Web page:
We need your help now

Support from readers like you keeps The Journal open.

You are visiting us because we have something you value. Independent, unbiased news that tells the truth. Advertising revenue goes some way to support our mission, but this year it has not been enough.

If you've seen value in our reporting, please contribute what you can, so we can continue to produce accurate and meaningful journalism. For everyone who needs it.

Jack O’Connor stepped down as Siptu President last December.
General Election

Ex-Siptu boss Jack O'Connor's name put forward as Labour candidate

O’Connor was the general president of the Ireland’s largest trade union for over 14 years.

THE FORMER HEAD of Siptu, Jack O’Connor, has been put forward as a possible candidate to represent Labour in the next election.

The former Siptu boss would run as a candidate in the Wicklow constituency. His name was submitted ahead of the 5pm deadline yesterday.

His candidacy will be considered by Labour’s organisation committee, who will then make a recommendation for him to be put forward for the normal party selection convention.

Before his application, O’Connor told RTÉ’s Today with Sean O’Rourke show yesterday that if the party want him to run, that he would.

“Because I see the task of democratic socialists and social democrats, not in terms of ‘Will you go into government, or will you not?’ and all this talk. I see it in terms of fighting a battle to convince the public… of what we can achieve in the next five years if we invest in our public services.”

“At some point, somebody has to have the courage to begin fighting that battle.”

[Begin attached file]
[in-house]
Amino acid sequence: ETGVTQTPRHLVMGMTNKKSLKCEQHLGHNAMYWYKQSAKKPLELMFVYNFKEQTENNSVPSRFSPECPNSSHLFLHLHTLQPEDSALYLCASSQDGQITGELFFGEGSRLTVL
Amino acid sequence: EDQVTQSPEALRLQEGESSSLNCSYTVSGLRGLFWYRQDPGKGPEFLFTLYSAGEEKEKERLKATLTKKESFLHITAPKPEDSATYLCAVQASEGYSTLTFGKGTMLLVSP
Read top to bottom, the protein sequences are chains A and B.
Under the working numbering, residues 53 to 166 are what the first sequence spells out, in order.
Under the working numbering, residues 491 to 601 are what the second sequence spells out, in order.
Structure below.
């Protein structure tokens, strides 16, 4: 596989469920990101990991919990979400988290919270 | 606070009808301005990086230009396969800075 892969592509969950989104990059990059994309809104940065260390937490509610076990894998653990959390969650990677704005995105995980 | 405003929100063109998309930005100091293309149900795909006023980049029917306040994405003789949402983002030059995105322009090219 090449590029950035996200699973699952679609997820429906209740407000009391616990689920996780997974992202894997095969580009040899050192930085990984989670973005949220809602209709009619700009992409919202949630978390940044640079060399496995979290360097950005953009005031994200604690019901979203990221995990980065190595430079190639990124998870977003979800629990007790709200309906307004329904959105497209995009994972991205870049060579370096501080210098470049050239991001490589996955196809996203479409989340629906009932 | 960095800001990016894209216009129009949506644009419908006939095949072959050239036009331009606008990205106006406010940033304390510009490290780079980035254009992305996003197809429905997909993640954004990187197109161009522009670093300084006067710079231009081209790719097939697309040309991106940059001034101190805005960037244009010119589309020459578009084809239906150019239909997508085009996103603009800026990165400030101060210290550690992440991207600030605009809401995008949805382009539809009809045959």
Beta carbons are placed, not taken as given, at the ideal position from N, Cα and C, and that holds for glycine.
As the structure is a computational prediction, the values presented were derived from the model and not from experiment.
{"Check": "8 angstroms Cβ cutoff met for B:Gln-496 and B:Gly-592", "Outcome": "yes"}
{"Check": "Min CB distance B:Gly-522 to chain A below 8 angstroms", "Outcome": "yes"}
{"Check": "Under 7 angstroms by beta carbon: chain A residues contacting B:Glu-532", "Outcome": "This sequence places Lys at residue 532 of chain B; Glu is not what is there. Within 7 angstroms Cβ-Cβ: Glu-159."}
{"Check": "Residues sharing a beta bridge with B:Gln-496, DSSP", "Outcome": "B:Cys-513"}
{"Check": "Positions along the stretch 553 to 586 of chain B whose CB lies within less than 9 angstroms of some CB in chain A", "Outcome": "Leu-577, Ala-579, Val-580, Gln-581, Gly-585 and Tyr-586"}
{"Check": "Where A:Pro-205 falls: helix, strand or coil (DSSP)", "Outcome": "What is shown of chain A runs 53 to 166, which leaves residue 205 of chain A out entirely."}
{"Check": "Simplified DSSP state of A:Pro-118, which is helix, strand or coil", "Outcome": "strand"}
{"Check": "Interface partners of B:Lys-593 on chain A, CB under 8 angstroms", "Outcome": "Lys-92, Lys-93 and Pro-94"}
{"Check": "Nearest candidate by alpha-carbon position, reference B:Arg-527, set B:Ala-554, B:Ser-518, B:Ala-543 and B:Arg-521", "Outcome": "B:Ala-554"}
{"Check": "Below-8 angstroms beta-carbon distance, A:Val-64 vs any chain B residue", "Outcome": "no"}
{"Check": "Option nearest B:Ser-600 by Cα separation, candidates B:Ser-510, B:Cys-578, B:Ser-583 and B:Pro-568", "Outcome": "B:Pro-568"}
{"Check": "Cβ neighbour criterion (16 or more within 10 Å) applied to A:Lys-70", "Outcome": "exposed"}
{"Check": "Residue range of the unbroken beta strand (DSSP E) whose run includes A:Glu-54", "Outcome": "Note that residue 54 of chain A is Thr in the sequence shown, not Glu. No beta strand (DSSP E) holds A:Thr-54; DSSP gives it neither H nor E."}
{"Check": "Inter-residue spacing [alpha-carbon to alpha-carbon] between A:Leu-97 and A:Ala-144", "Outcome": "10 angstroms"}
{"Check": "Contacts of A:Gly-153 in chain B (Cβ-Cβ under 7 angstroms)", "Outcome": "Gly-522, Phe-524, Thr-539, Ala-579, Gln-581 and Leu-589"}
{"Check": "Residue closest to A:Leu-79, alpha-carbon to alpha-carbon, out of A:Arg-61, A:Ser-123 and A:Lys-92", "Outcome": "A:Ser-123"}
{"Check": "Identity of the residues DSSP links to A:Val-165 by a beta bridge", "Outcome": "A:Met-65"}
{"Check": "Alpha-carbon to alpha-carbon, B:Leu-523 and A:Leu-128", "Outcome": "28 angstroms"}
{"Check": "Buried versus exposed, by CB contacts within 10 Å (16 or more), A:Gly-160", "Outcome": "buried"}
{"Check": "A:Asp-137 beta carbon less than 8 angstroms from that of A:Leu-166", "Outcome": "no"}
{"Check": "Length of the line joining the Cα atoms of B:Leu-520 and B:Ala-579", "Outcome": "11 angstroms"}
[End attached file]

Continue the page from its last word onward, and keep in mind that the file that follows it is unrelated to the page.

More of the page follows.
After it was questioned why the Labour party was turning to an experienced figure to run for them instead of a more youthful candidate, O’Connor said:

“In America, huge swathes of young people turned to Bernie Sanders, not that I’m Bernie Sanders now by any means. Huge swathes of people turned to Jeremy Corbyn, who’s 69 years of age, so I don’t think people should be written off just because they’re 60 years of age.”

O’Connor has been at the forefront of industrial relations disputes for decades, involved in organising strikes, negotiating in pay disputes, and sometimes weighing in on political issues.

He’s been a member of the union since 16; he says that his whole project since then has been “a political project”.

“People often ask me how did I develop my political outlook – and I don’t really know. But I do remember being absolutely captivated by Brendan Corish’s election manifesto in 1969.”

Corish was the leader of the Labour Party during the ’60s and ’70s. He served as Tánaiste under Liam Cosgrave’s government from 1973 to 1977, during which he was also  Minister for Health and Minister for Social Welfare.

“It was a very far-seeing manifesto, and I remember being bitterly disappointed when it didn’t succeed. I was 12 then.”

Read: The boss of Irish Rail is quitting and moving to Australia

Your Voice
Readers Comments
This is YOUR comments community. Stay civil, stay constructive, stay on topic. Please familiarise yourself with our comments policy here before taking part.
Leave a Comment
    Submit a report
    Please help us understand how this comment violates our community guidelines.
    Thank you for the feedback
    Your feedback has been sent to our team for review.

    Leave a commentcancel